entierly her gracious aunswer, so they mermervailedC.iii. uailed C3v
at cowching therof, which was in wordes
truely reported these. “I thanke my lord maior,
his brethren, & you all. And whereas your request is
that I should continue your good ladie & quene, be
ye ensured, that I wil be as good unto you, as ever
quene was to her people. No wille in me can lacke,
neither doe I trust shall ther lacke any power. And
perswade your selves, that for the safetie and quietnes
of you all, I will not spare, if nede be to spend
my blood, God thanke you all.”
Whiche aunswere
of so noble an hearted pryncesse, if it moved a mervaylous
showte and rejoysing, it is nothyng to be
mervayled at, since both the heartines thereof was
so woonderfull, and the woordes so joyntly knytte.
When her grace hadde thus aunswered the Recorder,
she marched toward the little conduit, where
was erected a pageaunt with square proporcion,
standynge directlye before the same conduite, with
battlementes accordynglye. And in the same pageaunt
was advaunced two hylles or mountaynes
of convenient heyghte. The one of them beyng
on the North syde of the same pageaunt, was
made cragged, barreyn, and stonye, in the whiche
was erected one tree, artificiallye made, all withered
and deadde, with braunches accordinglye.
And under the same tree at the foote thereof, sate
one in homely and rude apparell crokedlye, and
in mournynge maner, havynge over hys headde
in a table, written in Laten and Englyshe, hys
name, whiche was Ruinosa Republica, A decayeded com- C4r
common weale. And uppon the same withered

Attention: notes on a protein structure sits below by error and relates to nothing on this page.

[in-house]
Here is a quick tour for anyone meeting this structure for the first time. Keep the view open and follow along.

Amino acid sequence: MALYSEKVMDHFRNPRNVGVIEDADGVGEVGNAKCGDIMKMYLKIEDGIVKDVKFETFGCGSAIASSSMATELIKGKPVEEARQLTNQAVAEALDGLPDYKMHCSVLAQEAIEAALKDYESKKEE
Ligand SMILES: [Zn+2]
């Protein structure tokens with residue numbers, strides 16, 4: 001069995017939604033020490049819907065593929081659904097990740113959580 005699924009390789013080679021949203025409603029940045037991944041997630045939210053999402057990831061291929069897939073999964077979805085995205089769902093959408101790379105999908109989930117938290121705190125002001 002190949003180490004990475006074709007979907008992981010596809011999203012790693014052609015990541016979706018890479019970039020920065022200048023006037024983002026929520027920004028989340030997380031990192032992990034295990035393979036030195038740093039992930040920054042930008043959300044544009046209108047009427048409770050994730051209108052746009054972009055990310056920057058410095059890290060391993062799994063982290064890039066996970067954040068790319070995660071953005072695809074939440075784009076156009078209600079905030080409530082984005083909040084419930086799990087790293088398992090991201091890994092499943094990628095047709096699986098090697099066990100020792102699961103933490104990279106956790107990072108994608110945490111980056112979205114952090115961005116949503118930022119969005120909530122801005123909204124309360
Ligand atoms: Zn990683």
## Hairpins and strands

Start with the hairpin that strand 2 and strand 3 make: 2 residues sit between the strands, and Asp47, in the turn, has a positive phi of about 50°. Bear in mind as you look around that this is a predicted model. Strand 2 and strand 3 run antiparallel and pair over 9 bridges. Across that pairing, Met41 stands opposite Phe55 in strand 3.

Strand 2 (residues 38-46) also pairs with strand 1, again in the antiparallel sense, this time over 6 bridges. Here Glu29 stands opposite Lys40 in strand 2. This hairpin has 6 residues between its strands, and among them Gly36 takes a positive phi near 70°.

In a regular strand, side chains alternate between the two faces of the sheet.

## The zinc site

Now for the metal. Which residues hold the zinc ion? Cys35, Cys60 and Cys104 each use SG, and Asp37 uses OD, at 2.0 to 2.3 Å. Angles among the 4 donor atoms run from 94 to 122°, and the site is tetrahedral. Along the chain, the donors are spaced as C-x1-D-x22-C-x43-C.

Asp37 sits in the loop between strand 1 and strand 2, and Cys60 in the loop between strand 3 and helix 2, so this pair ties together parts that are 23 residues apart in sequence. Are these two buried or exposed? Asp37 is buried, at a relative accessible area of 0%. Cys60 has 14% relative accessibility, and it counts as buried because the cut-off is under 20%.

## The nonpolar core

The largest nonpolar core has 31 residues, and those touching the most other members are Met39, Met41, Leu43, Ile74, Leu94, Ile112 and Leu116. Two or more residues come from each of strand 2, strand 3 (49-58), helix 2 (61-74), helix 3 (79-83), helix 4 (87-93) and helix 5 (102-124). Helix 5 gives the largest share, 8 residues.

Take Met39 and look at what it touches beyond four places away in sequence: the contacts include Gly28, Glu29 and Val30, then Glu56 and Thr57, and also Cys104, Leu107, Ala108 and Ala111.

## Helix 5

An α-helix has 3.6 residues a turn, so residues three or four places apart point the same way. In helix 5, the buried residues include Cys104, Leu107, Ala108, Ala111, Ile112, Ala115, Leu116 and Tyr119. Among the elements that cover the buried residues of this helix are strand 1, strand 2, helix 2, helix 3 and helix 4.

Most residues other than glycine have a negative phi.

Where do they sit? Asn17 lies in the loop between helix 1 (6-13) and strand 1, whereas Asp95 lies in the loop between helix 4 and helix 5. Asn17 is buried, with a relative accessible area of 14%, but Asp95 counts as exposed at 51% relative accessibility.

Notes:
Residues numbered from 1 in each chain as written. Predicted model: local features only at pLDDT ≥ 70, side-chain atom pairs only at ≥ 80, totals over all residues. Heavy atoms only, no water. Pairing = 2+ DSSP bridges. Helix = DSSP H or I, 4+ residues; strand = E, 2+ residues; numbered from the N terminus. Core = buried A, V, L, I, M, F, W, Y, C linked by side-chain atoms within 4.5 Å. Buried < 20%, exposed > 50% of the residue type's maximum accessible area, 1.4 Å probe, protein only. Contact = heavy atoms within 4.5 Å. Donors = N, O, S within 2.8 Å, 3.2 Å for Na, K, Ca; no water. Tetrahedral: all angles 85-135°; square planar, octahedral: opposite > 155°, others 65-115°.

tree were fixed certayne Tables, wherein
were written proper sentences, expressing the causes
of the decaye of a commonweale. The other
hylle on the South syde was made fayre, freshe,
grene, and beawtifull, the grounde thereof full
of flowres and beawtie, and on the same was erected
also one tree very freshe and fayre, undre
the whiche, stoode uprighte one freshe personage
well apparaylled and appoynted, whose name
also was written bothe in Englyshe and in Laten,
whiche was, Respublica bene instituta. A florishyng
common weale. And uppon the same tree
also, were fixed certayne Tables conteyning sentences,
which expressed the causes of a flourishing
common weale. In the middle betwene the sayde
hylles, was made artificiallye one hollowe place
or cave, with doore and locke enclosed, oute of
the whiche, a lyttle before the Queenes hyghnes
commynge thither, issued one personage whose
name was Tyme, apparaylled as an olde man
with a Sythe in his hande, havynge wynges artificiallye
made, leadinge a personage of lesser
stature then himselfe, whiche was fynely and well
apparaylled, all cladde in whyte silke, and directlye
over her head was set her name and tytle in latin
and Englyshe, Temporis filia, the daughter of
Tyme. Which two so appoynted, went forwarde,
toward the South syde of the pageant. And on her
brest was written her propre name, whiche was Veritas.C4v
Veritas. Trueth who helde a booke in her hande
upon the which was writen, verbum veritatis, the
woorde of trueth. And out of the South syde of
the pageaunt, was cast a standynge for a childe
which should enterprete the same pageant. Against
whom, when the Quenes majestie came, he spake
unto her grace these woordes.

This olde man with the sythe, olde father tyme they call,